Creativity & Cultura: One in the Same {DIY Beading}

Mexican Rosary Texas Latina

Creativity & Cultura

Earlier this year as we were parousing the aisles of our local Wal-mart, I noticed a new aisle for jewelry and craft making as did Baby, my two year old. She immediately grabbed a strand of hot pink crackled glass beads deciding in that toddler way, that they were about to become part of our basket inventory. I decided to throw in a tool supply kit (a really cheap one), some earring wires, and in a novice move I grabbed a round of stringing wire.

Once home, I set up my small kit of supplies on our dining room table as I watched video after video on making wrapped earrings. It turns out, I needed actual metal wire not stringing wire. I tried to bead earrings on stringing wire and ended up knotting the wire. It was hilarious, but those few moments of nothing but stringing were blissful.

Soon I was armed with stacks of DIY jewelry projects, a yellow pad of questions and a list of supplies.  I had the great fortune of having a salesperson, named Juan, whose mother was a beader. He helped me with all my questions and informed me that the best way to learn was to start by making stretchy bracelets.

I bought Stretch Magic, some strands of crystals, 49 strand wire (the best kind for stringing), and a pair of crimps and crimpers. I felt sure that I could do some beading, as long as I had YouTube.  My first creations were simple color combinations and helped with my confidence.

Later, I took on more complicated designs.  I was making bracelets in my office when I caught sight of my abuela’s cream colored stone statue on my wall. It’s  color was distressed by age, worn down in some places with old, broken rosaries hanging across the body of Christ. I knew then that I wanted to make a rosary. I once again put my internet to work and came up with a basic idea of how to make a rosary. My skills were not good enough to create a hand linked chain but I could string some beads.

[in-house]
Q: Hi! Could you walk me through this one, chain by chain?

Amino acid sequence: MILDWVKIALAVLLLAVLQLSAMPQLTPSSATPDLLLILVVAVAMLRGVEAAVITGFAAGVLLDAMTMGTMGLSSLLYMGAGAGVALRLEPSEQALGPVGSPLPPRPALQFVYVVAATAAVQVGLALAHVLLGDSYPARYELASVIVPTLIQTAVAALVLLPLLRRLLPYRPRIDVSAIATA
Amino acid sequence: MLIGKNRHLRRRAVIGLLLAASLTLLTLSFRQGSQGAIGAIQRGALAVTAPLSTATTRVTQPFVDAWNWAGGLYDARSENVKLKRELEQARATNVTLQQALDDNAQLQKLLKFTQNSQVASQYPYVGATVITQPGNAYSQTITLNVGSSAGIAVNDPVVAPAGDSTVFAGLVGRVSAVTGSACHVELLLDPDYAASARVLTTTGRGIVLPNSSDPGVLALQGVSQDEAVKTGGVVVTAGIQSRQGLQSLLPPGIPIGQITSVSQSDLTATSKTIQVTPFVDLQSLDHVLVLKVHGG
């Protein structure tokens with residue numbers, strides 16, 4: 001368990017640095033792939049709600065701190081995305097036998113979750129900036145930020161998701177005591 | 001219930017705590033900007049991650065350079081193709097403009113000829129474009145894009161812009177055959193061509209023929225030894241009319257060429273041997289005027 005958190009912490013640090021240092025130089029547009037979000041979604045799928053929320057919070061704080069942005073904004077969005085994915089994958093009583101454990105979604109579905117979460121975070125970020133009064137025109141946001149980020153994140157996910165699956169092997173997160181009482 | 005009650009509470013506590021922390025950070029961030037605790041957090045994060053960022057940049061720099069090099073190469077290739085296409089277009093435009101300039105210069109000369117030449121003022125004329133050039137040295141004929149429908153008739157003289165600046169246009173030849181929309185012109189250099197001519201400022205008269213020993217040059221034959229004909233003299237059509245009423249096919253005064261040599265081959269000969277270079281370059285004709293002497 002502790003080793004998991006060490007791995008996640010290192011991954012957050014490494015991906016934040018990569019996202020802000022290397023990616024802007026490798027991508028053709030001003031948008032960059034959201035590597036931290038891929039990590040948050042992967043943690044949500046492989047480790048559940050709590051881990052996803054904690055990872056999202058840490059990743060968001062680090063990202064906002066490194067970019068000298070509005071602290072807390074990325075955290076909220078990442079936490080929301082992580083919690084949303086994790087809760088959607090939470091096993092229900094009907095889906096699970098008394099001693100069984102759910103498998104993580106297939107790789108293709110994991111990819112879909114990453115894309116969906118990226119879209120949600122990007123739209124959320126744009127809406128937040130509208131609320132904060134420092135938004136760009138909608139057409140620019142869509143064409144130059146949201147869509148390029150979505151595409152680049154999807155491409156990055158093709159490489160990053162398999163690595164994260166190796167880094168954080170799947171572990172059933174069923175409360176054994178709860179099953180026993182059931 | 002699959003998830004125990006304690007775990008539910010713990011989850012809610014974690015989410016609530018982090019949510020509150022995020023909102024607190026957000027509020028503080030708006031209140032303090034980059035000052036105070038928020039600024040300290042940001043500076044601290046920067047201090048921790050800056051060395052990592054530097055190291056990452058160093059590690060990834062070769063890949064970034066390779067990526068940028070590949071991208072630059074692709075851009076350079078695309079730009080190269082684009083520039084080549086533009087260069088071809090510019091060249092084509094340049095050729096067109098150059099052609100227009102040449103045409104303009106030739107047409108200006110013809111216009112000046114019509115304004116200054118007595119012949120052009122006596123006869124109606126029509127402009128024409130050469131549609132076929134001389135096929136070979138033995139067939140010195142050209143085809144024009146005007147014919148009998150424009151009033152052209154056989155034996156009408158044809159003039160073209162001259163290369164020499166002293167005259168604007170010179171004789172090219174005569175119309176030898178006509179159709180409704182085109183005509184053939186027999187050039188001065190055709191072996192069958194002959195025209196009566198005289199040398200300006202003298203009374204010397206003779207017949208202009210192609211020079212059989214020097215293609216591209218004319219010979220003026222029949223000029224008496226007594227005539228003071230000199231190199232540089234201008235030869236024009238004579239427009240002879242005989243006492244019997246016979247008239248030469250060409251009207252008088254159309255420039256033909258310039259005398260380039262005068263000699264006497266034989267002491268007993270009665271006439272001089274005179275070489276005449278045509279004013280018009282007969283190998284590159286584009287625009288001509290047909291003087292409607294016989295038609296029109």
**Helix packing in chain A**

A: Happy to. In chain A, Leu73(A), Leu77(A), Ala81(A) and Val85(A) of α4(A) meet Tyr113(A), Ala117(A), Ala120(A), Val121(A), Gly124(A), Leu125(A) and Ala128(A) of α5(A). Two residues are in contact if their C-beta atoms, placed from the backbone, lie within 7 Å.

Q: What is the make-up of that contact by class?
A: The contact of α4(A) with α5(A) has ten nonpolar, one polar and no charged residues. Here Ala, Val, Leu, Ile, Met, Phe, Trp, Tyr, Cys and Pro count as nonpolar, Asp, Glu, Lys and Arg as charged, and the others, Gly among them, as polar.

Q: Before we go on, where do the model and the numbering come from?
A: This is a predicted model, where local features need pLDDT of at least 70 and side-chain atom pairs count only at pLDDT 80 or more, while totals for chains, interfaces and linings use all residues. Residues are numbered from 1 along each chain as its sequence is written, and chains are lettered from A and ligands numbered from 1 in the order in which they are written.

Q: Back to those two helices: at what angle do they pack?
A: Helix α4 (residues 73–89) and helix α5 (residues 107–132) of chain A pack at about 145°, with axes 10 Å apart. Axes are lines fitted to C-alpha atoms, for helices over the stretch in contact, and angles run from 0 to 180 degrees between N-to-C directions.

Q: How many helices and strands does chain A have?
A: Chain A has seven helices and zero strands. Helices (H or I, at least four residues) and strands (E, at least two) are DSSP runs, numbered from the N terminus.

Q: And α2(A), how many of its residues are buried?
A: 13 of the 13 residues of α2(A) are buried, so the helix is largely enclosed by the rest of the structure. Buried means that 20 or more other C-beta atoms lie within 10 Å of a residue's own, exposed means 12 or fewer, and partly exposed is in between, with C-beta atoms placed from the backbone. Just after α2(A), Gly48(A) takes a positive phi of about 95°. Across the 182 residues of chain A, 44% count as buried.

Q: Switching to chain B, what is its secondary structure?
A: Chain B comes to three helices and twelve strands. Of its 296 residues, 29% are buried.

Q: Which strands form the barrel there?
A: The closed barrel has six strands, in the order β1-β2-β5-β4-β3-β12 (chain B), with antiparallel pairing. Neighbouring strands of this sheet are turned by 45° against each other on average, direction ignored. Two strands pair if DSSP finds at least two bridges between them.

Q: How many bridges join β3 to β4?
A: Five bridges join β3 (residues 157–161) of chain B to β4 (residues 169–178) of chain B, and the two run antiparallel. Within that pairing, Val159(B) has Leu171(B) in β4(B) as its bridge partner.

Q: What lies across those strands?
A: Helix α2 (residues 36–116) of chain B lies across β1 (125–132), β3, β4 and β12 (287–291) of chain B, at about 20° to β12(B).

Rose Rosary

Each rosary connected me to my Catholicism, however far removed I may be from the church, my faith has always been there, a rosary has always graced my hand and my home. Both of my abuelas had rosaries that adorned their homes, they wore rebozos to church while their rosaries would be clutched in their weathered hands. Every funeral was accompnied by seven or nine days of rosary praying. It was those moments that stayed with me.

It is the low mumurs of “Ruega por Nosotros” and the movement of the beads. Reverence and beauty is what I tried to recreate. A way to embrace my future, while paying respects to my past. It is in this growing form I was able to recreate a Stairway to Heaven Rosary which is an intricately made rosary of chain and beads creating ladders with each decade.

A good friend of mine who owns Kae Beads in Corpus Christi showed me how to make memory wire Rosary bracelets. While his were sparkly and delicate, I wanted mine to be more modern and subtle. Well, as subtle as they could be. I sold my first one before I could even get a picture of it.

Rosary Bracelet

 

Now, this hobby has turned into a full-fledged obsession that has reconnected me to my roots and to myself.  Creating makes me feel complete, allows for a way to keep a hold on the fesity Chicana who still dwells somewhere in the invisble realms of Mommydom. I experimented with new mediums and have a lot to show for my efforts!

Calavera Rosary Style Bracelet

This paved the way for more Calavera Bracelets and polymer clay goodies.

Calavera Macrame Bracelet

Polymer Clay Flowers

I experimented with mixed media like this Virgen resin pendant where I attached the flowers and painted them with some acrylic paint and this painted bangle from DIY Bangles.

In my evolution into Creativity, I finally made it to painting as my medium. I feel connected to my cultura through my religion and the symbols that have been such a huge part of my life.  The journey has been awesome and I hope you enjoyed it as much as I loved creating it!

 

Jessie

 

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